Lac du Flambeau First to Ratify Tribal Internet Gaming Alliance Treaty On Thursday, October 17, the Lac du Flambeau Tribal Council voted unanimously to ratify the Tribal Internet Gaming Alliance (TIGA) treaty.
“The idea for TIGA started about two years ago here in northern Wisconsin with Lac du Flambeau and several other Midwest tribes. I have been truly honored to help make their vision a reality,” said Jeffrey Nelson, Counsel, Kanji & Katzen, PLLC, and author of the Treaty.
Progressive sovereign nations recognize the value of working together, and Lac du Flambeau is taking the lead by being the first Tribe in Wisconsin to ratify the TIGA treaty. “We asked our Gaming Commission to do the homework on this, and they and our attorney found minimal risk in our moving forward. We want to be at the forefront of online gaming, and this is another step to advance that,” said Tribal President Tom Maulson.
The Treaty is an inter-governmental agreement between Tribes that want to work together to develop a single platform internet gaming business. The model is based on Tribal sovereignty and building liquidity upon each Tribe’s existing resources.
With the launch of online free play, Lac du Flambeau is moving forward and embracing new technologies to not only diversify their present customer’s gaming experience, but as a way of cultivating new clientele. As online gaming legislation progresses throughout the United States, the Lac du Flambeau Tribal Council recognizes the need the stay in the forefront of the potential opportunities.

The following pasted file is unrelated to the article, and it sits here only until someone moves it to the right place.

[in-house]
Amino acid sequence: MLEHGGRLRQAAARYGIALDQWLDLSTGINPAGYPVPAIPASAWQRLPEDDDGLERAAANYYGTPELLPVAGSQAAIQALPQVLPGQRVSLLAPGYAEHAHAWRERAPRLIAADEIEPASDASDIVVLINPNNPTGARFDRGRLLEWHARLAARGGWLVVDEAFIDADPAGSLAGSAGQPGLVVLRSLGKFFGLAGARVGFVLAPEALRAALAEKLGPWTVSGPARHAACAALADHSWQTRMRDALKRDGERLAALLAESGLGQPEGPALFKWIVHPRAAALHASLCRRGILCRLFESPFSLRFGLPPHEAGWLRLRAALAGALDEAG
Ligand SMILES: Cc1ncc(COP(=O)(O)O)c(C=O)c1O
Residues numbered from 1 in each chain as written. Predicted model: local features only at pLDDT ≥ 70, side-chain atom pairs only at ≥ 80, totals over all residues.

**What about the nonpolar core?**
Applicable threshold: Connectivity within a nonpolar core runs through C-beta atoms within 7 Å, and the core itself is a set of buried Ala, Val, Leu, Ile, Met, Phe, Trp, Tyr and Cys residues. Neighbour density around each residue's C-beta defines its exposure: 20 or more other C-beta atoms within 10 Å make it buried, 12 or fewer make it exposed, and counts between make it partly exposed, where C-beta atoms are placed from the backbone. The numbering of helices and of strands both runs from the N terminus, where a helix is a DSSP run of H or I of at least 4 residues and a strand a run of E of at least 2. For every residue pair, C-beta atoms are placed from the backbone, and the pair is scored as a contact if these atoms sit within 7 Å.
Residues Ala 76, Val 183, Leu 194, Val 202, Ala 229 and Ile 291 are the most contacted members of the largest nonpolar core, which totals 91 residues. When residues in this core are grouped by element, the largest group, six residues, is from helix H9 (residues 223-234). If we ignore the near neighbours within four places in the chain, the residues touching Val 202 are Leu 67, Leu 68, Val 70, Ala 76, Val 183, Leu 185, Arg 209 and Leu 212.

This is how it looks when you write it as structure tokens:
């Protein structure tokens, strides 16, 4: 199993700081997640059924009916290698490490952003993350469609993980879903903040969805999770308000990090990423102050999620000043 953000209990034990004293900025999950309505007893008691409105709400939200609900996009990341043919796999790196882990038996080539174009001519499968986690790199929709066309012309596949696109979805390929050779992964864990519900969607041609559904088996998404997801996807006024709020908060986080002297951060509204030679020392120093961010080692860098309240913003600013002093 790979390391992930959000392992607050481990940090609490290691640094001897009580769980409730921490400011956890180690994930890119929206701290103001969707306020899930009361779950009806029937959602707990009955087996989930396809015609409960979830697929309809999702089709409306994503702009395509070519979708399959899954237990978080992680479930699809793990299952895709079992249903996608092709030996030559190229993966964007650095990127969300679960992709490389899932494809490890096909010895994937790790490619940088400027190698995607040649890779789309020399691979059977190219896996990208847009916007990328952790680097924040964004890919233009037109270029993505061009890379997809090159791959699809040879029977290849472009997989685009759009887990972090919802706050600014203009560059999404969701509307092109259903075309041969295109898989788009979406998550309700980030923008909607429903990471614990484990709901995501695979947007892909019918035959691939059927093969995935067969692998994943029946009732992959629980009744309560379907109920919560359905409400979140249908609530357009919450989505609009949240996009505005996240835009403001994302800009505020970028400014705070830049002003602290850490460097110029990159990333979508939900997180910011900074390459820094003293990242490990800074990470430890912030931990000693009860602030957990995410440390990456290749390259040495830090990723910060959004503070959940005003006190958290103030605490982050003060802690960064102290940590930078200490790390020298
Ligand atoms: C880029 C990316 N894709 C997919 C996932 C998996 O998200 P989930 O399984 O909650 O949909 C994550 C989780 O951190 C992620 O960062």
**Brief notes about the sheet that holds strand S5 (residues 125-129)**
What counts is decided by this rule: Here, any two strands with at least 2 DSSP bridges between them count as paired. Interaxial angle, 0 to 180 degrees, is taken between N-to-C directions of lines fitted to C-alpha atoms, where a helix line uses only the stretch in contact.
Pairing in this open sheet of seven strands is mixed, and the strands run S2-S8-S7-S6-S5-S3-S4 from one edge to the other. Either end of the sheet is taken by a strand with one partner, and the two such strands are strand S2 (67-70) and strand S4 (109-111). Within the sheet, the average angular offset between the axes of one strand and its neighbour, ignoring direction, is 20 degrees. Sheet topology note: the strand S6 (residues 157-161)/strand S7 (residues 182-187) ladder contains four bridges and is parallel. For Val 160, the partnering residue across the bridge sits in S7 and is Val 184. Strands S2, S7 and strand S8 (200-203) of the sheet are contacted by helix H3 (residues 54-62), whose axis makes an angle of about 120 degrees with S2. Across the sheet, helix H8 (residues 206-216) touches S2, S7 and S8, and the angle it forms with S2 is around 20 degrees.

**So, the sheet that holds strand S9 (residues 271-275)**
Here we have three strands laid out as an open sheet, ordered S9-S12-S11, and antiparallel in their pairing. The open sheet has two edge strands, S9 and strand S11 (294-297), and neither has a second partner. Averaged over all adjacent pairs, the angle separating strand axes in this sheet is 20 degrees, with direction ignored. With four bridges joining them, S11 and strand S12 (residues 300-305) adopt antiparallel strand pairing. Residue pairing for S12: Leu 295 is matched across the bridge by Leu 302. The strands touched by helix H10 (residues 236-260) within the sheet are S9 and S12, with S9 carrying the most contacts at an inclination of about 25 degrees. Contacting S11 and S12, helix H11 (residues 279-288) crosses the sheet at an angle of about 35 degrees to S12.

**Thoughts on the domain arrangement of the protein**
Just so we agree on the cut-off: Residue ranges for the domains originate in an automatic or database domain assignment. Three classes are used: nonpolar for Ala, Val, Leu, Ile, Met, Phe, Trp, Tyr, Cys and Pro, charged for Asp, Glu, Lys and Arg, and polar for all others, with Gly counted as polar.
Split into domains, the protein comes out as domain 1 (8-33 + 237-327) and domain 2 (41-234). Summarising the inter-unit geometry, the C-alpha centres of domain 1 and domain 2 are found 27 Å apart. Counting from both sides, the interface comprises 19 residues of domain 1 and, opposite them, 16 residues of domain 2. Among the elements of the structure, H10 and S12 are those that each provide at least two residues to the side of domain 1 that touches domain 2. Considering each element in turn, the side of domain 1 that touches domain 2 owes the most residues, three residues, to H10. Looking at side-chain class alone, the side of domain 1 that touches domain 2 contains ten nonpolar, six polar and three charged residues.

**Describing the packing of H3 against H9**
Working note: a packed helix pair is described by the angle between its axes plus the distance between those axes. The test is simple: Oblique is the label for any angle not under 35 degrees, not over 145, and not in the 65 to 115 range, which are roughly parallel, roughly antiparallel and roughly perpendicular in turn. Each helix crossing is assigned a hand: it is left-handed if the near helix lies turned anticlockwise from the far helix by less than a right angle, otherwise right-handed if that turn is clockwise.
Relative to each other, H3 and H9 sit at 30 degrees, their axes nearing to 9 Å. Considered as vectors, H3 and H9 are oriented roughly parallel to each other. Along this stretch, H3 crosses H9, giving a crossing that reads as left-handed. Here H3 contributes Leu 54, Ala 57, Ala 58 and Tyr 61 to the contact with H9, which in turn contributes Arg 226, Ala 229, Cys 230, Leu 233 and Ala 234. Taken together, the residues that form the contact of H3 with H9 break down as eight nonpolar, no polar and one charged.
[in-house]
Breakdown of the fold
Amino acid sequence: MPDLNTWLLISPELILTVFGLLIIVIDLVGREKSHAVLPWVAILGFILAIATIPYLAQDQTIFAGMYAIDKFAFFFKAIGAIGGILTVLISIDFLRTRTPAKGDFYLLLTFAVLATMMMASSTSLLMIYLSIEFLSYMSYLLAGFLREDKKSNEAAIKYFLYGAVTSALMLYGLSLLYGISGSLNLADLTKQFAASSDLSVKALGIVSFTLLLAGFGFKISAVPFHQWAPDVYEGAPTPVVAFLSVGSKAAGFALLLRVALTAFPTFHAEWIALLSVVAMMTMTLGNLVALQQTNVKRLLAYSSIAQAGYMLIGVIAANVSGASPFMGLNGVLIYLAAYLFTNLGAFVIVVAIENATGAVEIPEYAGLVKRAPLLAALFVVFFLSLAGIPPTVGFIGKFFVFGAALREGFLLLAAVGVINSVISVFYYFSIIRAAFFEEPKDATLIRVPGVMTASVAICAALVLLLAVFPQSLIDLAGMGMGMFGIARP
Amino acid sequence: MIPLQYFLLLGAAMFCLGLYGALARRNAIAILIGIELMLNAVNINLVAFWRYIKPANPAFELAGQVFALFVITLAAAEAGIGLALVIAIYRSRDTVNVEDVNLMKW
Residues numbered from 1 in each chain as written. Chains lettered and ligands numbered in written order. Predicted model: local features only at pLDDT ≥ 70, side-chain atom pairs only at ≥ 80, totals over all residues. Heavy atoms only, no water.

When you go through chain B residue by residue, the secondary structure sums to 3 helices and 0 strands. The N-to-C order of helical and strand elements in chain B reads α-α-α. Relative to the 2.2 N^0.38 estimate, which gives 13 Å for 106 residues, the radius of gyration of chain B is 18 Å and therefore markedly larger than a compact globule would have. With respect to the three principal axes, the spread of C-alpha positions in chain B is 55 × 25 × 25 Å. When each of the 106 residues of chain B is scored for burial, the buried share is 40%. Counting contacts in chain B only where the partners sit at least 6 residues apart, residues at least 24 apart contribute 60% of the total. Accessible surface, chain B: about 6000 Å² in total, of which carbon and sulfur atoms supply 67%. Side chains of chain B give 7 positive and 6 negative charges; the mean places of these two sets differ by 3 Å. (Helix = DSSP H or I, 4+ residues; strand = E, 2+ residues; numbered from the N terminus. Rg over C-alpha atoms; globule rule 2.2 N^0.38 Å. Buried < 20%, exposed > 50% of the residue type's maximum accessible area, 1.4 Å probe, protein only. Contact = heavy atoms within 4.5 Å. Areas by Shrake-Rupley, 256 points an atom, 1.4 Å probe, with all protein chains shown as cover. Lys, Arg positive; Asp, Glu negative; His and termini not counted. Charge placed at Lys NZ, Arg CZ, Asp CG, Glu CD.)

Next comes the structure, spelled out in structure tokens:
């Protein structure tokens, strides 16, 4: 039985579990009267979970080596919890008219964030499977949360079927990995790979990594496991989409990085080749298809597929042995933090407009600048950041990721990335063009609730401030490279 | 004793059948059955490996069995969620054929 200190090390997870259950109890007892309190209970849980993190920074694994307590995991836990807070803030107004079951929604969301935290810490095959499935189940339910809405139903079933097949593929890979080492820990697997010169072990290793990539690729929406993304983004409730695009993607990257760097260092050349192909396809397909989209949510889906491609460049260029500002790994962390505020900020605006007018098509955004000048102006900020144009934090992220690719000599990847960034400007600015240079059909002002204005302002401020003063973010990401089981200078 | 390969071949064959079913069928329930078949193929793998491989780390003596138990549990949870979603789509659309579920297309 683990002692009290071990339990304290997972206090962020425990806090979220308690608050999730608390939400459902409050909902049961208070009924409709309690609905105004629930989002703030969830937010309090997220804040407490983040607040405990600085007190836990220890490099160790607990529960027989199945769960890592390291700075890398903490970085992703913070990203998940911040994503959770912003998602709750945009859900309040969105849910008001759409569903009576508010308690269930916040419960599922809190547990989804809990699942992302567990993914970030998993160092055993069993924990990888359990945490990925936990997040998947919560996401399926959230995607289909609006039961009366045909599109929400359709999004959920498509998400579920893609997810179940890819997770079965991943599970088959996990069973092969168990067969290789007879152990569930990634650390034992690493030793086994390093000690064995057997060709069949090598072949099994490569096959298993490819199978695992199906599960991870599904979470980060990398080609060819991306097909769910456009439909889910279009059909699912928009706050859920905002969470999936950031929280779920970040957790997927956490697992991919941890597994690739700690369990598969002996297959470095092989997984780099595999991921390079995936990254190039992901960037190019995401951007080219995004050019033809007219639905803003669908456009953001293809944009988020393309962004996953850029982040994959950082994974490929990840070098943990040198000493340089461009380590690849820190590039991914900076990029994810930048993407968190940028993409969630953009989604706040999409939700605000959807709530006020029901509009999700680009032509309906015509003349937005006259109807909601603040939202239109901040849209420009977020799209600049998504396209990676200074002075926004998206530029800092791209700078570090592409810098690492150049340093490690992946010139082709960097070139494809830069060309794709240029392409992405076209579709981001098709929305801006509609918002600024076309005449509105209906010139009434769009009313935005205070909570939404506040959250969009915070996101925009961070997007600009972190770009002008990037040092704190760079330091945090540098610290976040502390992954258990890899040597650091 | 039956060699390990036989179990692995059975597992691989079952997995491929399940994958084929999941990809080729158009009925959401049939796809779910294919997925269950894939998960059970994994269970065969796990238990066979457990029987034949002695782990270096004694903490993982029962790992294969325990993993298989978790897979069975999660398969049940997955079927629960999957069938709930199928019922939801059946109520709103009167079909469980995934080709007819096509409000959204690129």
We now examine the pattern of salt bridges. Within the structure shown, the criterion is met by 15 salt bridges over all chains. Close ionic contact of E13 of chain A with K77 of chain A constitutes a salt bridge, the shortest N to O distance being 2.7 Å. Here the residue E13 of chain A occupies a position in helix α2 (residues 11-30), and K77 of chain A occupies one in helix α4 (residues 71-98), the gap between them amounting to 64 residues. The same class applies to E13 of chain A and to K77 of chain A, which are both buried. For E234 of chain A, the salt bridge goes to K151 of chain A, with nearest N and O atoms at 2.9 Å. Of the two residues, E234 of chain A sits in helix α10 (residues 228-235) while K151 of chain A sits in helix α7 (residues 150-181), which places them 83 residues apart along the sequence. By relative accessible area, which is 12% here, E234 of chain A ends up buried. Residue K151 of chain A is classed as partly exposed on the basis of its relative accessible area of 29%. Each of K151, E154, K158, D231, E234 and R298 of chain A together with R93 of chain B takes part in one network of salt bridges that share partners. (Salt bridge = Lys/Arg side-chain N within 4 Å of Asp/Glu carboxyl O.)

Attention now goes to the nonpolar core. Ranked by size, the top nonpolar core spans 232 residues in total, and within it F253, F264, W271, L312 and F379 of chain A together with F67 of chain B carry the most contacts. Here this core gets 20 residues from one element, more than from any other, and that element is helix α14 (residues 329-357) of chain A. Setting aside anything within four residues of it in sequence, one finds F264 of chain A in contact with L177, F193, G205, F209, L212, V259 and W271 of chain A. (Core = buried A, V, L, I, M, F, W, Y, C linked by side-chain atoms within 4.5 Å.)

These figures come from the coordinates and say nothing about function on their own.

“This is certainly a historic day in Indian gaming. It is 25 years to the day after Congress enacted IGRA (Indian Gaming Regulatory Act); how fitting that it should also be the day of the first TIGA Treaty ratification. With ratification from two more tribes, TIGA will officially take flight,” said Nelson. The treaty does not bind Lac du Flambeau to any Tribe or business venture. Rather it creates an opportunity for Tribal Nations to cooperatively address potential legislative or regulatory issues. There is no financial investment at this time, and the Tribe may opt out of the treaty at any time.
“We look forward to working with other Tribes to advance internet gaming, and creating additional opportunities for our Tribal Members,” said Maulson.